York did its homework on double cohort


Above: Students at the Keele campus

Bull’s eye!

York has hit its first-year admissions target virtually dead-on.

The prospect of the so-called double cohort has been looming ever since the Ontario government decided in the late 1990s to abolish Grade 13. But York faced the challenge squarely, did its homework – which involved countless hours of work over many years for a host of dedicated staff and faculty – and deftly managed to accommodate its share of the new student throng.

In fact, the figures of just how well York dealt with what was described as a “volatile and unpredictable” situation are astounding. Against a September 1, 2003 target of 9,985 new first-year students, York had 9,994 students when classes began. Just nine off!

And, despite the fact that the intake of new first-year students was 25 per cent higher than last year, the University is coping well. Upper-level enrolments and graduate enrolments are also on target.

“We met targets not just university-wide, but also generally at the Faculty level, and in most cases, even at the program level,” said Sheila Embleton, York’s vice-president academic, one of the key strategists. “We were able to maintain our commitments to quality and accessibility.

“We expect faculty-level FFTE [Fiscal Full-Time Equivalent] numbers to be even closer to targets, as a result of cross-faculty enrolments – arts students taking natural science courses, and science students taking general education courses, for example.”

In the planning period leading up to the double-cohort year, Embleton said, some of the concerns were about the University’s ability to accommodate the sheer numbers of students and, bearing in mind the younger age of many new students, their particular needs, as well as the need for curriculum adjustment.

“We are continuing to monitor the situation, and will make adjustments, if necessary,” said Embleton.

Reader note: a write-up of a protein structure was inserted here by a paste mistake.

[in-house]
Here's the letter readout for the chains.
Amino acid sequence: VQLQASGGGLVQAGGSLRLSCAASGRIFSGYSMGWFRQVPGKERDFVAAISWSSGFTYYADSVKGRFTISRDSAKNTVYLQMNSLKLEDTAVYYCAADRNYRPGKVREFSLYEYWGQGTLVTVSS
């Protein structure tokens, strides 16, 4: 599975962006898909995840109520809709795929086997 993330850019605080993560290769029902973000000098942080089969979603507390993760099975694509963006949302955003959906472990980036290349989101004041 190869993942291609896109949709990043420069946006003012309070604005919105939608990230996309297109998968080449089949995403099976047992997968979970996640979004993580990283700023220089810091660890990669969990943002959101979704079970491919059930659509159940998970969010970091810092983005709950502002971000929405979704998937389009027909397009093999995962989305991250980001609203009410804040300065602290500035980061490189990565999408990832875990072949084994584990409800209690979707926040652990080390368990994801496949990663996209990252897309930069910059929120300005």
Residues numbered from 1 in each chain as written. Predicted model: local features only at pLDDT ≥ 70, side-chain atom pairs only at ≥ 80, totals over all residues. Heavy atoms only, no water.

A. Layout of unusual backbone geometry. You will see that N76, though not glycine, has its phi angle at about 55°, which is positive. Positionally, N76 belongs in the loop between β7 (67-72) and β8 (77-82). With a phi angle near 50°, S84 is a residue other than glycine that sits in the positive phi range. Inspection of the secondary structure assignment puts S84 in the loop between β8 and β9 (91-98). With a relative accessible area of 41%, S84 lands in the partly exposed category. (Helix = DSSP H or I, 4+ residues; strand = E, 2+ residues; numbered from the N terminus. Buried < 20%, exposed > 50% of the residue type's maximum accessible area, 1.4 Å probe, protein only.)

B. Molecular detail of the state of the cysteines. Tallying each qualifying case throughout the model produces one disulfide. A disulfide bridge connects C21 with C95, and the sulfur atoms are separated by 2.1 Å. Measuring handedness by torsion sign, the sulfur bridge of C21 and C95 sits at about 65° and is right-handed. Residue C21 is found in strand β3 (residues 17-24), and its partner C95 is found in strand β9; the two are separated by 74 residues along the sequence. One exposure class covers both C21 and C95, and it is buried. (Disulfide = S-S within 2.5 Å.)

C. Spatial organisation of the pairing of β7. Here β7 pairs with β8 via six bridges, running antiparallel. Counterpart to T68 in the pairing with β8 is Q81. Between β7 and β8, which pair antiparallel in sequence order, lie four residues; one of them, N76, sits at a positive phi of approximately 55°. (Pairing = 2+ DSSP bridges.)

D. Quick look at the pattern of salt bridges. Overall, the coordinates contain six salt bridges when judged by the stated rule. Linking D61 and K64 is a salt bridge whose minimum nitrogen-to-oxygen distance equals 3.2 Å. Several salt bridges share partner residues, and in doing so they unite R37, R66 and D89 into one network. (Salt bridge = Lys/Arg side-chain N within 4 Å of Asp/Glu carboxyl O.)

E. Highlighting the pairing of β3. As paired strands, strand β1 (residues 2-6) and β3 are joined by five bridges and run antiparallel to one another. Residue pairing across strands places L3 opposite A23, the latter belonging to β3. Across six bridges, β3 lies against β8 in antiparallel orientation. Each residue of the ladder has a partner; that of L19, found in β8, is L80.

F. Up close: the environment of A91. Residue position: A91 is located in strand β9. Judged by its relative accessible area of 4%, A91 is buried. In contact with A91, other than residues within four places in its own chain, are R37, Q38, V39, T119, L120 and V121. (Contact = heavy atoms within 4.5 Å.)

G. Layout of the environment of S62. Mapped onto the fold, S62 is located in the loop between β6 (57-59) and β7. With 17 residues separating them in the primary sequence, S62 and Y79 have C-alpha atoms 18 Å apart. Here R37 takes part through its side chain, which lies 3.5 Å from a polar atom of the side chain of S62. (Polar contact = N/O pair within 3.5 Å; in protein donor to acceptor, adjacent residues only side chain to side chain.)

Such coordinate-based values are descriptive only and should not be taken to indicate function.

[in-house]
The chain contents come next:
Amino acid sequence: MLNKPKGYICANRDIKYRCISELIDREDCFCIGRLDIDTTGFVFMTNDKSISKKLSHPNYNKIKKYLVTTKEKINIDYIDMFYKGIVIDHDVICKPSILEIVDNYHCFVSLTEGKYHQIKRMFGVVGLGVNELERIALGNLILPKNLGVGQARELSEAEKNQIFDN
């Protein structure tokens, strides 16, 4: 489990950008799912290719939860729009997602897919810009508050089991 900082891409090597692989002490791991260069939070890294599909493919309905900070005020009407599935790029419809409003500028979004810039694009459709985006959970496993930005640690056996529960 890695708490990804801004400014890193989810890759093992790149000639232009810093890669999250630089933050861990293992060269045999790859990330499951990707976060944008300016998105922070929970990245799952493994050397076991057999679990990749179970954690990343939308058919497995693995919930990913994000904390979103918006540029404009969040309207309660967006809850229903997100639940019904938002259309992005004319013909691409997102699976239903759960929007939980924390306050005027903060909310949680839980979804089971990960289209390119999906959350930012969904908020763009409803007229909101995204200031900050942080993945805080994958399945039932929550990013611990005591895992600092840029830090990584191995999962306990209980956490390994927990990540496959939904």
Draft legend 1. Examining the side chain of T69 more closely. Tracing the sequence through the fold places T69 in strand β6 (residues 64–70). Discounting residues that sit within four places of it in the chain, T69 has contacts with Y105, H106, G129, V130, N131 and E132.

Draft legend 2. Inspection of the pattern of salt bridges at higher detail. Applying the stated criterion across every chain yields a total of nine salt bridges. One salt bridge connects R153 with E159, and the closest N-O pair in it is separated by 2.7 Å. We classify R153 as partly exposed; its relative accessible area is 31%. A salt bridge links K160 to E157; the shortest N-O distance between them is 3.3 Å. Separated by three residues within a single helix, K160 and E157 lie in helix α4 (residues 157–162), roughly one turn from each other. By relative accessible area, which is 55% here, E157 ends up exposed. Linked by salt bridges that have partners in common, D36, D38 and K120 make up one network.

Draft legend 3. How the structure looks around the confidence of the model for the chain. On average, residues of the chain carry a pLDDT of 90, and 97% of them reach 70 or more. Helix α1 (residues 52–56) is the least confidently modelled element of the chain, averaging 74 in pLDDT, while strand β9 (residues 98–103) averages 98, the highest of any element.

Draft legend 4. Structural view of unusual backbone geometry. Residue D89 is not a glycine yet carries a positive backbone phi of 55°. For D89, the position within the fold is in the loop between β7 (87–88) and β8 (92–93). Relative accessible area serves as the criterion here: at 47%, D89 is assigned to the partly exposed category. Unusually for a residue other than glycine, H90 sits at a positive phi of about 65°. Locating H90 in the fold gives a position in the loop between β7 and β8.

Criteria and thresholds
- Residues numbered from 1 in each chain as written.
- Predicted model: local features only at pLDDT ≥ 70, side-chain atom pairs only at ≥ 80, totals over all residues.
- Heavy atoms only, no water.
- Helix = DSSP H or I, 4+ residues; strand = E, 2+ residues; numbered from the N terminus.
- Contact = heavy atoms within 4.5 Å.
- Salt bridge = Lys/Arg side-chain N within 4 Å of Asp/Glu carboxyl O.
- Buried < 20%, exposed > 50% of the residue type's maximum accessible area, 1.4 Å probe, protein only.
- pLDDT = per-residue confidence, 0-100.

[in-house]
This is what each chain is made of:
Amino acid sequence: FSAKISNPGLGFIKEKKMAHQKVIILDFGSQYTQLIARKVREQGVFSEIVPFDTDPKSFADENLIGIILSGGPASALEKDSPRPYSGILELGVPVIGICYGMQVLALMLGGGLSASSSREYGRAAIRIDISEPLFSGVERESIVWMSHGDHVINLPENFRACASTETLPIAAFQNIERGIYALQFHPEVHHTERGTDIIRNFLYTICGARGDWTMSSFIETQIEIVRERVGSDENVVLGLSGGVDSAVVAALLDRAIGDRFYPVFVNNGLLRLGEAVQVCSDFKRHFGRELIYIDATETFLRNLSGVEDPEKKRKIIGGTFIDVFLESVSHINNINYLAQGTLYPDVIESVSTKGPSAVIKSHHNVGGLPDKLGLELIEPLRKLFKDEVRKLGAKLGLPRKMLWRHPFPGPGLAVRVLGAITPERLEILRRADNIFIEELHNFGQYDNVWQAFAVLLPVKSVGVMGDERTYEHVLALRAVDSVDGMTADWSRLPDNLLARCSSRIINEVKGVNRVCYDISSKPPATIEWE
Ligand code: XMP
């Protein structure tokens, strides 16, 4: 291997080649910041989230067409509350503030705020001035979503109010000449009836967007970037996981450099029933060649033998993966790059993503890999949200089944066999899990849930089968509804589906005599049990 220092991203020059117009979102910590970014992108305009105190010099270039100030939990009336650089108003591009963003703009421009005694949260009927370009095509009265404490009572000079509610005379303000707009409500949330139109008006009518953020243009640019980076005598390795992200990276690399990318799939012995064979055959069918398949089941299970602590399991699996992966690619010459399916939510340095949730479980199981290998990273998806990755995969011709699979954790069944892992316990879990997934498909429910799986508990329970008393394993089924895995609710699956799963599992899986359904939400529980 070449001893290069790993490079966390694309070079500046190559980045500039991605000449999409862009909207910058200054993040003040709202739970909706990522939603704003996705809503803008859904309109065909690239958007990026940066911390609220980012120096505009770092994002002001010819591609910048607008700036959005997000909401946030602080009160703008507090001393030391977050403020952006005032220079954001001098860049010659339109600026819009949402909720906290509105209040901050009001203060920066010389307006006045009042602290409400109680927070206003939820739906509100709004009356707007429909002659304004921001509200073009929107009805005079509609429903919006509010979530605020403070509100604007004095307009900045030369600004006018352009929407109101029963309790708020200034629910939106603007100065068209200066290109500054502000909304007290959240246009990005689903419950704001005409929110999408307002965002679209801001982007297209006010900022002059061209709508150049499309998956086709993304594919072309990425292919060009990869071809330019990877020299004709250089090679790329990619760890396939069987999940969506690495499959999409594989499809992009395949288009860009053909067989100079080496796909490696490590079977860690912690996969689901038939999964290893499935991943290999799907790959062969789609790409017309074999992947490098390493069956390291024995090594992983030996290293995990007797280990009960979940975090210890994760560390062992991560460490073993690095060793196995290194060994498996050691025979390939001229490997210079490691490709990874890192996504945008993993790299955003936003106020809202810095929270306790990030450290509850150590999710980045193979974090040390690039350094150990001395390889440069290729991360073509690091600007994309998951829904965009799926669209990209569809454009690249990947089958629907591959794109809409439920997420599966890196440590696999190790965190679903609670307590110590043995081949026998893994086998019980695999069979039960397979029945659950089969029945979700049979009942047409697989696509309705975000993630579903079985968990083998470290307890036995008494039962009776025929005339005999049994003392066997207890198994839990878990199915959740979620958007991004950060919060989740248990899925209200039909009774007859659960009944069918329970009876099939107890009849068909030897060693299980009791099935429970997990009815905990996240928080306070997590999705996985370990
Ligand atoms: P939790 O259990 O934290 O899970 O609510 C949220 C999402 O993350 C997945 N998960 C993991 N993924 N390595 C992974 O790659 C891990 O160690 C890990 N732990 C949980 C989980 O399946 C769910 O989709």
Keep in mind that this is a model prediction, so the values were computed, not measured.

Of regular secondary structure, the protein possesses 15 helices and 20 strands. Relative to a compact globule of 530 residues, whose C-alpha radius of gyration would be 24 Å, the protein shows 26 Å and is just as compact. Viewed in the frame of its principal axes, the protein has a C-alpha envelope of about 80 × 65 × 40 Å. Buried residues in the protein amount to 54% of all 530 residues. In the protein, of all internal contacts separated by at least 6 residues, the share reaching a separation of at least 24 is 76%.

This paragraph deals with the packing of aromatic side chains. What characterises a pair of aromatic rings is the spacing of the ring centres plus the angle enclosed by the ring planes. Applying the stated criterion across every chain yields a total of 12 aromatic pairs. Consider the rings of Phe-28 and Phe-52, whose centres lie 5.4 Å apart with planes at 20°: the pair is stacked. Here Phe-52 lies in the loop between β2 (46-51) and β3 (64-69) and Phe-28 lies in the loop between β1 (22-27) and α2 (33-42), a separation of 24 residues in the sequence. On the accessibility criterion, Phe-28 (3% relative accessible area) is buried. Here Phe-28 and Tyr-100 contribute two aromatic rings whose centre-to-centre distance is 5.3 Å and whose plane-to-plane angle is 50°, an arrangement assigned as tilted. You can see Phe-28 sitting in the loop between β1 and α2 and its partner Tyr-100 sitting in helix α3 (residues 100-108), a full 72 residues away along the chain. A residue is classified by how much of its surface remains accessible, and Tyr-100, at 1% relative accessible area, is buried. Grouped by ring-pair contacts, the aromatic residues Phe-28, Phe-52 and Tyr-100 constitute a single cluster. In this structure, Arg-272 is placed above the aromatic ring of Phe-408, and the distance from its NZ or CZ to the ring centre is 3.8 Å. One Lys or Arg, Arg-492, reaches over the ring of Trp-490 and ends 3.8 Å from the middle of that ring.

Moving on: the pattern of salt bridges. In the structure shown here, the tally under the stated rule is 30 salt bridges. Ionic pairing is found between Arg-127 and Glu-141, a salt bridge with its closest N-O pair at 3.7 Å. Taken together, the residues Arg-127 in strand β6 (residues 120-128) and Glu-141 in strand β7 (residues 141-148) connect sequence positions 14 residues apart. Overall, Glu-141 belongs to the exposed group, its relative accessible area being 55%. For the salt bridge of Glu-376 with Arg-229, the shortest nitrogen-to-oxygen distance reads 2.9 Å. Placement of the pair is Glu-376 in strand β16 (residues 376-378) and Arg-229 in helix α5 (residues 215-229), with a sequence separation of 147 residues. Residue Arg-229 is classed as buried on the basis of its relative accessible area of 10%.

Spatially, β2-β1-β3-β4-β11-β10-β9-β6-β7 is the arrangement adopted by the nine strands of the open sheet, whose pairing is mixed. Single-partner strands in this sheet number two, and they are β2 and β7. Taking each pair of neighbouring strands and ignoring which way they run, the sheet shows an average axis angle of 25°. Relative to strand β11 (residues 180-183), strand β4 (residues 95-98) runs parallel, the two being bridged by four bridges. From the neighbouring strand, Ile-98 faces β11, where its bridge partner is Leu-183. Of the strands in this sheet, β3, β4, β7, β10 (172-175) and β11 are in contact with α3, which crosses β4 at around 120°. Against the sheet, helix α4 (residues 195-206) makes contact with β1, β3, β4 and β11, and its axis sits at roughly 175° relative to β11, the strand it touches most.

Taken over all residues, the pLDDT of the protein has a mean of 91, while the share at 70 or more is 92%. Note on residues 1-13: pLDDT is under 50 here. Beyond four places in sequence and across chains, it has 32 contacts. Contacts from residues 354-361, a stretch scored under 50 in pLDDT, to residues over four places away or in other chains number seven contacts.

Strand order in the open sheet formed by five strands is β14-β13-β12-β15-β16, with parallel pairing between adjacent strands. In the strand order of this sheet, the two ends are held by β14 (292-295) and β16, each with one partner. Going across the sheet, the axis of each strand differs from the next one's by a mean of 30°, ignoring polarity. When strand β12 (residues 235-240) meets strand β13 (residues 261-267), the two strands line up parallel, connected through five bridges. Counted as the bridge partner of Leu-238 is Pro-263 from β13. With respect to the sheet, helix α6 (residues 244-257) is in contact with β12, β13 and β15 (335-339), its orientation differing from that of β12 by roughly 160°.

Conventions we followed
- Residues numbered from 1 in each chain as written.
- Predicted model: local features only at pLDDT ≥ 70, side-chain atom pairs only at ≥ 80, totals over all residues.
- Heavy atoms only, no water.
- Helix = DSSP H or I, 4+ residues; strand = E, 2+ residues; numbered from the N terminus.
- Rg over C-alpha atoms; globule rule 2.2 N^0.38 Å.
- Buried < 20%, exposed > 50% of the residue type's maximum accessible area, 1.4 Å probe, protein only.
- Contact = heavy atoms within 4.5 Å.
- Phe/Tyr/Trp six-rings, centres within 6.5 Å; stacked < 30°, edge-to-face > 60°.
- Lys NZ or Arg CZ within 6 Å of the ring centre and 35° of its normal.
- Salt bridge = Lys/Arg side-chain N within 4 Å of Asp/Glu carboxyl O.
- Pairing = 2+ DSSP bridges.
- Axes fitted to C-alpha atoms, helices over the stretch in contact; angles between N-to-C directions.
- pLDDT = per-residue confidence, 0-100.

York tackled each concern systematically

York has worked hard on smoothing students’ transition to University, through enhanced orientation and counselling. As well, it made curricular adjustments in several departments in response to changes to high-school curricula that had taken place, for example in mathematics.

And York has made certain physical changes to accommodate students, constructing such new facilities as the Seymour Schulich Building, Technology Enhanced Learning Building, William Small Centre and the Computer Science & Engineering Building. As well, the Student Centre food court was expanded and new and clearer signage has been erected. Now, two more structures are about to begin on the Keele campus – the general academic buildings, which will offer more classroom space and dedicated rehearsal studios for York’s music and dance departments.

Not the least of the changes has been the consolidation of student services online, viewed by many as an enormous improvement. “We are moving student services to be online rather than in line,” quipped Embleton.

Students are one part of the double-cohort equation. The other part is faculty, who are needed to cope with the extra influx of students.

“Our hiring was very successful for the 2003-2004 academic year,” said Embleton. “We appointed 83 outstanding new tenure-stream faculty, despite a highly competitive hiring situation. Also, we appointed 40 contractually limited faculty, nine secondees [faculty seconded from school boards to teach in York’s Faculty of Education] and five SRCs [Special Renewable Contract faculty].”

Below: Students at York’s Glendon campus